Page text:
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Customer reviews

4.5 out of 5 stars
29


Not long before the onset of Bay Area thrash and European proto-black bands like Venom and Hellhammer, soon to be Celtic Frost, and just after the assault of one Eddie Van Halen, the predominant heavier music was along the lines of Sabbath, Led Zeppelin, who still were mighty influences after their demise, and Rainbow/Deep Purple. along with other similar outfits like UFO or Scorpions who rocked mightily in the face of dying disco and the synth pop of new wave outfits like A Flock of Seagulls and a ton of other nameless twits.
Motorhead, Judas Priest and Venom were about as fierce as anything, but with the exception of Priest, Motorhead were simply too bombastic for their early days before becoming the rock and roll icons they are today, same with Venom.
So it's no surprise that labels were scrambling for hot shot guitarists to capitalize on the Van Halen phenomenon, and among them was a very young Yngwie Malmsteen, who had first gotten attention with Steeler and then joined Alcatrazz for its debut, "No Parole From Rock and Roll", along with Graham Bonnet, late of Rainbow. Sonically, it was a sound highly reminiscent of Rainbow, with Malmsteen favoring his classical approach ala his mentor Ritchie Blackmore. It was to be a watershed moment, and possibly his most refined work because he had to be a part of a band that wrote good tunes, and had yet to become the egomaniac he's famous for today, not to mention helping spawn a dreadful flood of shredders, most of whom could burn up a fretboard easily but couldn't write a decent song to save their asses. It was guitar music for wankers, and today it remains an isolated genre for those who can't get enough notes crammed into a measure.
But with Alcatrazz, we get a picture of shred chops working within tighter restraints and help make the band a much stronger outfit because of it. "Islands In The Sun", "General Hospital", "Kree Nakoorie", hell, most of the cuts could have been AOR staples had the radio stations been paying more attention. Bonnet had the chops, if they were sometimes a tad overdrawn, and for once we got to hear Malmsteen in a rhythm capacity as well. For those who really like the classic hard rock/heavy sound of the very early '80's, Alcatrazz is well worth the time, and it's a lot better than latter period Rainbow. This lineup lasted only for the first album, and Malmsteen left to feed his ego with a solo career, to be replaced with the ever available Steve Vai on the second album.
"No Parole From Rock 'N Roll" is a bit dated perhaps, but it's still a fine album, overlooked, and deserves attention from Dio fans as well as Rainbow. Whether we need instrumental versions of the album tacked on is a matter of taste.
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on July 17, 2014
What can I say- a very melodic yet strident voice ( one time Rainbow vocalist Graham Bonnet), a very young but capable virtuoso,( one time Steeler lead guitarist Yngwie Malmsteen), and what do you get ? A lot of egotism and great metal. I believe Yngwie was at his pinnacle of talent , save, his solo Swan song, Rising Force. The sound is a bit dated in its production and arcane keyboards, however, Kree Nakoorie sounds fresh and eerie in its cataclysmic bent. To those whom are die-hard Yngwie fans, this is the only Alcatrazz material he participated in.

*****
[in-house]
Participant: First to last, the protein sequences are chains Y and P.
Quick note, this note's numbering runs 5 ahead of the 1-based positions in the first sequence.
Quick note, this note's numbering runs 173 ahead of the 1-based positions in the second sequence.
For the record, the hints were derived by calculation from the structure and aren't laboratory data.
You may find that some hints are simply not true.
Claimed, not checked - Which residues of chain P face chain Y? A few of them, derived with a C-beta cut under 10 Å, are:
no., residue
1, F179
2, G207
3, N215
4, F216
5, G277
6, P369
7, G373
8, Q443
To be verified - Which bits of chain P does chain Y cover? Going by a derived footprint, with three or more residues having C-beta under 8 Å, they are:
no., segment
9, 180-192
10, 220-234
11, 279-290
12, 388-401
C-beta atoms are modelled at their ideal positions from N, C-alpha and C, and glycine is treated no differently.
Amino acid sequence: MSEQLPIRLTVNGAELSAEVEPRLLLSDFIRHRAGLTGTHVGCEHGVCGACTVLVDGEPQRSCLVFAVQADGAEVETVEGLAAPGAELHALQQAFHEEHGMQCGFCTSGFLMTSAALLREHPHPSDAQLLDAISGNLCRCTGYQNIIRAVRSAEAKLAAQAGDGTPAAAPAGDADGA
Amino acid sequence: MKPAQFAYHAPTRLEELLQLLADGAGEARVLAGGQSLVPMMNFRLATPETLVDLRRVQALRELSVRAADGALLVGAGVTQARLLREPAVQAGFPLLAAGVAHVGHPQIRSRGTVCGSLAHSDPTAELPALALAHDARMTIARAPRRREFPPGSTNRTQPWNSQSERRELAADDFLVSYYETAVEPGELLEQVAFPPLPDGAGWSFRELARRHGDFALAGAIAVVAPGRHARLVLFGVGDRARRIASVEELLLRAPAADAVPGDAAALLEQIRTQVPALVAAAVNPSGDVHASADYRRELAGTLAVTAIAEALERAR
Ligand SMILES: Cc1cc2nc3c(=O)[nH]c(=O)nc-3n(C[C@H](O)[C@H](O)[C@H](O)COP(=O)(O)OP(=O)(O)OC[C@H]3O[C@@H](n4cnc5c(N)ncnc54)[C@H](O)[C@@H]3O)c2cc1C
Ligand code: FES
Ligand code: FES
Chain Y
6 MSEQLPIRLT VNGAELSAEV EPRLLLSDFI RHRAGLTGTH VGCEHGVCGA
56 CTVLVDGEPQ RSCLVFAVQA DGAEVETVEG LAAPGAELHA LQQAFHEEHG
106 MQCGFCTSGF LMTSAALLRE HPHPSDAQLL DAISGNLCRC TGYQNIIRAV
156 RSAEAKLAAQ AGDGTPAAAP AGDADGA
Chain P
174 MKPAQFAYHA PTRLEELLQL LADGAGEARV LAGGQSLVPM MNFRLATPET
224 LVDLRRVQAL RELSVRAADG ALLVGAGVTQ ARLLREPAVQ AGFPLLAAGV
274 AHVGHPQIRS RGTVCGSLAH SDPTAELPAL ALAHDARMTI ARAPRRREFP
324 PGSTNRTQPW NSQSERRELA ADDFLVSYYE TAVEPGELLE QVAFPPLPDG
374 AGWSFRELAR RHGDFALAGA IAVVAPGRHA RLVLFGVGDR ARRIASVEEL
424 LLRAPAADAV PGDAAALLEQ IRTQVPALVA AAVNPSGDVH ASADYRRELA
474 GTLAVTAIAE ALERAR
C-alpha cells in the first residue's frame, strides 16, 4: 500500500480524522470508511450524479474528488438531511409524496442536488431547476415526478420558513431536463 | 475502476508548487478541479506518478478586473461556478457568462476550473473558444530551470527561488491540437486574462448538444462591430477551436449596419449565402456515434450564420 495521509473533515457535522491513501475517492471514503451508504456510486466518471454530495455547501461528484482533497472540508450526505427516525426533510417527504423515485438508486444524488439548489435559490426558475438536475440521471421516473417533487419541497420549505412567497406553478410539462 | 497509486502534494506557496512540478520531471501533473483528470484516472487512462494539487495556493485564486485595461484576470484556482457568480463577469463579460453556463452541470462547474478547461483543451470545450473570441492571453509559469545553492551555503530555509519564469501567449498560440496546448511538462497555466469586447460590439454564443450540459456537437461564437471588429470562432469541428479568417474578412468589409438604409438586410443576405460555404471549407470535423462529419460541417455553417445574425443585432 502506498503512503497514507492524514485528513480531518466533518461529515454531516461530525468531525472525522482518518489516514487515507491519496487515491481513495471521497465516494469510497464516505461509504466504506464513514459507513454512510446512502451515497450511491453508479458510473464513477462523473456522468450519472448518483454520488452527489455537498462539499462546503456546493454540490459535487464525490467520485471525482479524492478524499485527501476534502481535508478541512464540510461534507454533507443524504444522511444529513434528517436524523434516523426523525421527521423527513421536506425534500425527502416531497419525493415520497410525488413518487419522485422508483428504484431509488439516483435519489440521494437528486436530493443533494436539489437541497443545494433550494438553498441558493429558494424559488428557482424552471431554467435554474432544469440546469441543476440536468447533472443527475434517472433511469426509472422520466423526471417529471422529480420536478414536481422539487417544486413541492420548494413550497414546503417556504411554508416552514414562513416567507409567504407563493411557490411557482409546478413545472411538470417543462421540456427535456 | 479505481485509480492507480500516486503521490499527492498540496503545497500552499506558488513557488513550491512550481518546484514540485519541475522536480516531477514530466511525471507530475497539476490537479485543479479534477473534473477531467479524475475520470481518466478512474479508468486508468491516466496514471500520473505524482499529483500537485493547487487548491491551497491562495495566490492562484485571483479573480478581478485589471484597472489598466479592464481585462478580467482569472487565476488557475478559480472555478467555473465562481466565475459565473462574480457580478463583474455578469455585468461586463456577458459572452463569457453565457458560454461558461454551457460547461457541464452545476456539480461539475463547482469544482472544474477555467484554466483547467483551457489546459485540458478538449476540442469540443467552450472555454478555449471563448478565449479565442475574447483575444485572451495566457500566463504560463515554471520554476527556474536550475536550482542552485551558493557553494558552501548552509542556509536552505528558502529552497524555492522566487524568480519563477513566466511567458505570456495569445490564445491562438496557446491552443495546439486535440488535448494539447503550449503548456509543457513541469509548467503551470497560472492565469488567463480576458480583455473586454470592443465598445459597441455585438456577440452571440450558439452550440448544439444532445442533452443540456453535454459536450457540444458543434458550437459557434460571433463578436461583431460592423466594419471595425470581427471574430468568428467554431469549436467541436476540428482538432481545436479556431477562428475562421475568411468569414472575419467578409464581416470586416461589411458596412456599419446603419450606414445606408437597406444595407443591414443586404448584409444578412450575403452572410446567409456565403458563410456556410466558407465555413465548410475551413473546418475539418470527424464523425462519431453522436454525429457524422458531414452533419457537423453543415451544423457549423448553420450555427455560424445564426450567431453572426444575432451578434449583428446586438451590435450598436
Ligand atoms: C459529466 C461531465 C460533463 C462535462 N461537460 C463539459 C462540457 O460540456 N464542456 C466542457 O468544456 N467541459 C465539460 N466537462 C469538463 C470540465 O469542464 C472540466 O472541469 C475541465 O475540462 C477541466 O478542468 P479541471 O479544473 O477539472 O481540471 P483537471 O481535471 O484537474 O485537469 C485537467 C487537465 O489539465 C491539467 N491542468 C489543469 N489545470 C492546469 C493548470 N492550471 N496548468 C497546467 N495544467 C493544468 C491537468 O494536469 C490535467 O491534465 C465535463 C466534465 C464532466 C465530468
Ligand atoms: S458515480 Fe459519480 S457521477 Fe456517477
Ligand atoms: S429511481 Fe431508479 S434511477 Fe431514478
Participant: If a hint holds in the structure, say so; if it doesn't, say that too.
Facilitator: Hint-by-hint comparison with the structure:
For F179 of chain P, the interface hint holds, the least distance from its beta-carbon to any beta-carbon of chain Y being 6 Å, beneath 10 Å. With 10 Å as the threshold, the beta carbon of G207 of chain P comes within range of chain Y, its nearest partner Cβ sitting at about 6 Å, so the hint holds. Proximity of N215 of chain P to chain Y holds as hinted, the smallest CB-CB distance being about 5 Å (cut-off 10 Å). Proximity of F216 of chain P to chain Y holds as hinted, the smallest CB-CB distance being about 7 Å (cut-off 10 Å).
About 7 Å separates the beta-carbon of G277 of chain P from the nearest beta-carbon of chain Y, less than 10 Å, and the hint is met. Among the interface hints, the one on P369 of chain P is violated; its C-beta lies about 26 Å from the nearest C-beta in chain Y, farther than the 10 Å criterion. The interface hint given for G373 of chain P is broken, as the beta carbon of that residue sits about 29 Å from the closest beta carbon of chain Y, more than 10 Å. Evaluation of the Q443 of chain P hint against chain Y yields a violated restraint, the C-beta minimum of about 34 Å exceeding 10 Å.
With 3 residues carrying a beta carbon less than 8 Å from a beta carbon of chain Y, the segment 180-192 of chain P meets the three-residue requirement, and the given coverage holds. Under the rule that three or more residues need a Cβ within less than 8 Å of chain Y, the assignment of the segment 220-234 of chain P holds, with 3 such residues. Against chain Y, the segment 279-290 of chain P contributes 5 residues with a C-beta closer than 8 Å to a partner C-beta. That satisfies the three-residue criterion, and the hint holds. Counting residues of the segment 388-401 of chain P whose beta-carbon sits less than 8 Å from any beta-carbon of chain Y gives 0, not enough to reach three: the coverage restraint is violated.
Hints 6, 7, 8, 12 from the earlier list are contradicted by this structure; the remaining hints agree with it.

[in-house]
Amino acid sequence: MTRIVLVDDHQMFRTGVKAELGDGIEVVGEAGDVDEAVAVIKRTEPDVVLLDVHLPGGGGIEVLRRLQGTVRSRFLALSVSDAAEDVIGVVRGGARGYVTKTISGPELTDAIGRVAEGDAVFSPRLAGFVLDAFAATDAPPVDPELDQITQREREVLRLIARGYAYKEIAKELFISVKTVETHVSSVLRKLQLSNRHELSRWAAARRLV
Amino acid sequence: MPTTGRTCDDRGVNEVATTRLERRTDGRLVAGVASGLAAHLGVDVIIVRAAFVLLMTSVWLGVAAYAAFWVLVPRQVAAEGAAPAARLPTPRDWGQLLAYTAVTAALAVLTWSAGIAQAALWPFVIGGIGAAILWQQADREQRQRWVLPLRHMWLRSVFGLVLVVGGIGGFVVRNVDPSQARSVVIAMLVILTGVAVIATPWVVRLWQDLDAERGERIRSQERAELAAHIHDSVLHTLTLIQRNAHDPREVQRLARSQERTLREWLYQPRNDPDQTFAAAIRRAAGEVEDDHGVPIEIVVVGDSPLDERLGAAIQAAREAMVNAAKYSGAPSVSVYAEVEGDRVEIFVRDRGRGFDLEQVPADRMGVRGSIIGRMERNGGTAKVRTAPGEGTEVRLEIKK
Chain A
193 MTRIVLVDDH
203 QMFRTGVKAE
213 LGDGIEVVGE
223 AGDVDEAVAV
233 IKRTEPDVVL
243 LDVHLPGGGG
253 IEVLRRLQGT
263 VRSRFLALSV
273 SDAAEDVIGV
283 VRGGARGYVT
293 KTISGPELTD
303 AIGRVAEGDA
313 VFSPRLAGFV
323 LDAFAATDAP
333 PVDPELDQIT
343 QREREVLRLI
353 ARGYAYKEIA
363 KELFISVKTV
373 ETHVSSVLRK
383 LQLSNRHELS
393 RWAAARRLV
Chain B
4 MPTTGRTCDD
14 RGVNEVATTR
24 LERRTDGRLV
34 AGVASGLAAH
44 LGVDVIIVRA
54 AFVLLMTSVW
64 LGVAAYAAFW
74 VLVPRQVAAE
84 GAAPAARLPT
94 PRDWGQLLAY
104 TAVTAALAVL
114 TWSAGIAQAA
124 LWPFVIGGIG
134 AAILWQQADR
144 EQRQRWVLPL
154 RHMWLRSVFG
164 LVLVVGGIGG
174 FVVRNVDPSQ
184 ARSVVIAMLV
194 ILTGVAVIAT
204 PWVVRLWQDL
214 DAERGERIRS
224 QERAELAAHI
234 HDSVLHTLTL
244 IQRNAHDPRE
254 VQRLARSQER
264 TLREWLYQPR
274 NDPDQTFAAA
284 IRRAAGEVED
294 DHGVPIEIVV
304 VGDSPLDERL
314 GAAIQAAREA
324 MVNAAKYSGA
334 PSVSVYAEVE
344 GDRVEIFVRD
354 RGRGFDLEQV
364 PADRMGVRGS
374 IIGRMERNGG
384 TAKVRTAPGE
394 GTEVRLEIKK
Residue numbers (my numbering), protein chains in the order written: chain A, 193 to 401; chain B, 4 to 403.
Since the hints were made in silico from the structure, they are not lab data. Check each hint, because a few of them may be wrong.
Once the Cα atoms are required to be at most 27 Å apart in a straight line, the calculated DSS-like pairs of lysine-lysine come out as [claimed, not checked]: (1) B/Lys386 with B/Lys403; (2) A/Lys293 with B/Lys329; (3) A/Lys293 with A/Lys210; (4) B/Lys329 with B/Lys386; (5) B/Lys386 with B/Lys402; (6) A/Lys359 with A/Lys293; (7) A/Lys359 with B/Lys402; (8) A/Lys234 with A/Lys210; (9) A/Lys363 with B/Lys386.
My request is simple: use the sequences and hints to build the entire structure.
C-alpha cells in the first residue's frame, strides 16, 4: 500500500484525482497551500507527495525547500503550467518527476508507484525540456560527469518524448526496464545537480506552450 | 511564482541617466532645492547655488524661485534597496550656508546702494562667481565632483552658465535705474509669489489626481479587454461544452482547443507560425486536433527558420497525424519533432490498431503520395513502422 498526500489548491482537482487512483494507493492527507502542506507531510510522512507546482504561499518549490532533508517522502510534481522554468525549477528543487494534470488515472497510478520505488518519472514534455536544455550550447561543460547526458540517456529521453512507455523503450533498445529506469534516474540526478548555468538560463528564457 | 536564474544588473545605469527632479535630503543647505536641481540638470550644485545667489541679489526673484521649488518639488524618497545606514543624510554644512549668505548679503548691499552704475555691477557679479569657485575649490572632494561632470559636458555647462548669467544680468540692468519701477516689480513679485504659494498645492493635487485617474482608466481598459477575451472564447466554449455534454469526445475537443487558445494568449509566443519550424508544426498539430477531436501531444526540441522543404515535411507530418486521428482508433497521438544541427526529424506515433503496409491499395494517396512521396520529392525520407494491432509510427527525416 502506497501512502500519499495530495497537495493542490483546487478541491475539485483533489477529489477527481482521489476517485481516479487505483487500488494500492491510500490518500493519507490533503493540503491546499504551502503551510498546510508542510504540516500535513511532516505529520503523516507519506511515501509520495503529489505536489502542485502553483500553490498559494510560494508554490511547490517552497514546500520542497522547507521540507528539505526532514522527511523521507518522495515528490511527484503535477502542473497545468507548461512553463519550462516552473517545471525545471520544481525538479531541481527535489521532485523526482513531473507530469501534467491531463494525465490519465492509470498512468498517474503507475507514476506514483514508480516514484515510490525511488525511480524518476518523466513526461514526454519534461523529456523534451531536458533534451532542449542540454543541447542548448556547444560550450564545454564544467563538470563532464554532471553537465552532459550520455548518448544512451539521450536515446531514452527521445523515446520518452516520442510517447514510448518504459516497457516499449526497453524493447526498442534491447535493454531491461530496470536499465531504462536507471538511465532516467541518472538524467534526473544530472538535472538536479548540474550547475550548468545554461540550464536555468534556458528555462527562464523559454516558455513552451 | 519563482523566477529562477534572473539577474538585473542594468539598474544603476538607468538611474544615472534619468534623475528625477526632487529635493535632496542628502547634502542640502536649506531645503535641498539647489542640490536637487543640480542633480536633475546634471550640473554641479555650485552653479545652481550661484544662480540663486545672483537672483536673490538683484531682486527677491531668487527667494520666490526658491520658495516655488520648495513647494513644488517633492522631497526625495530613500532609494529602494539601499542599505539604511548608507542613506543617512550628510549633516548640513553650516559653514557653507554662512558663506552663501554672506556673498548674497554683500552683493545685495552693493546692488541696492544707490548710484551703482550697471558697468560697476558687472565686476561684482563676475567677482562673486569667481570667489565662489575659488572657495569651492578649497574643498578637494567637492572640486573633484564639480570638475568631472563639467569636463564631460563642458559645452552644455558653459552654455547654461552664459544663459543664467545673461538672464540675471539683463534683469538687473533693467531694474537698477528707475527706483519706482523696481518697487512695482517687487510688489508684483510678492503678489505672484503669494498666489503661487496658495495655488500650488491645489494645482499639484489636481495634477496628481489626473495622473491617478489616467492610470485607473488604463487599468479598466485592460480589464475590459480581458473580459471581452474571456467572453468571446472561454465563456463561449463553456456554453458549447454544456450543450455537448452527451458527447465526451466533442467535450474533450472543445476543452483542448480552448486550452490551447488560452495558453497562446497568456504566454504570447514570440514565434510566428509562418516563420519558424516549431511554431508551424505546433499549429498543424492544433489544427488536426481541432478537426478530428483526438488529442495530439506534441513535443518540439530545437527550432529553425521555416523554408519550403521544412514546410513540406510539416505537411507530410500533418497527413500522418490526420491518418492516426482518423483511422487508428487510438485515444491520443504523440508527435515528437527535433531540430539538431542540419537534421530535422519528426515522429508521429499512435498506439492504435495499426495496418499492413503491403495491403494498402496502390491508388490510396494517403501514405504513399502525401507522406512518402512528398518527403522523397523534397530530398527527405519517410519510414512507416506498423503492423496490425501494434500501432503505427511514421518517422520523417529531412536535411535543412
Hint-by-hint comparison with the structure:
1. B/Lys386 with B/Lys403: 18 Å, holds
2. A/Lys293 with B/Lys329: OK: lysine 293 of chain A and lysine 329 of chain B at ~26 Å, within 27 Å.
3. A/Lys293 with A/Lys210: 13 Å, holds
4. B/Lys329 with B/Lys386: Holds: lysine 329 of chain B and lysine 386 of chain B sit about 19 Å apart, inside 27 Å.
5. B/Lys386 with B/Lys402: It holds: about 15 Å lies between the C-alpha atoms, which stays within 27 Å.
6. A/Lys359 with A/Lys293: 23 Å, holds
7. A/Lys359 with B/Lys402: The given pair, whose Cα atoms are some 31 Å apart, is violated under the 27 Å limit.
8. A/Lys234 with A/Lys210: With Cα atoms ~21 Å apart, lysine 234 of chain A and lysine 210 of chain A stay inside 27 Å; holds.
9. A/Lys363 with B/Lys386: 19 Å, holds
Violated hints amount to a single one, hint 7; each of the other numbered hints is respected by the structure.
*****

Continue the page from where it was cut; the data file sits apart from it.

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on November 16, 2015
Loved this album when it came out and finally had to buy it on CD. Still holds up quite well over the test of time. Graham Bonnett...what a voice. Yngwie was still young and fresh and the songs were great for the time. Shame they couldn't stick it out together because I don't think either surpassed this album with anything they have put out since.
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on January 20, 2016
The only thing I don't understand stand is why they included these instrumental demo versions of the songs.You can play along or have karaoke I guess, but I just wanted a new copy of this so I am happy with this and I can jam along with the instrumentals.
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on January 28, 2015
Very Good CD.
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on August 17, 2013
I think this CD's features some of Yngwie's best playing (probably because being in someone else's band at this point, he had to make every opportunity count). While I kind of like Graham Bonnets vocals, a lot of people always said this would be great if they didn't have to listen to him... well, this is the holy grail then, amazing instrumental versions of all the songs, definitely a must have for the early Yngwie fans (pre-Eclipse IMO, at which point he as never the same again).

By the way, I believe Yngwie's influence is VASTLY underrated... the number of players who adopted his style FAR exceeds someone like Eddie Van Halen. The vast majority of European metal would sound completely different without him.
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on April 30, 2015
A great album(& their best) for anyone who has ever been a fan of Gram Bonnet, Yngwie Malmsteen or even the Richie Blackmore group-Rainbow.
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on July 7, 2014
This is Yngwie's Best work!! He had groove on this. And Graham Bonnett was good on vocals also.
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on April 17, 2015
Excellent band and an excellent album. Graham Bonnet and Yngwie Malmsteen both in fine form and a very enjoyable ride!
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on January 28, 2016
This is a real guitar hero.
1 helpful vote
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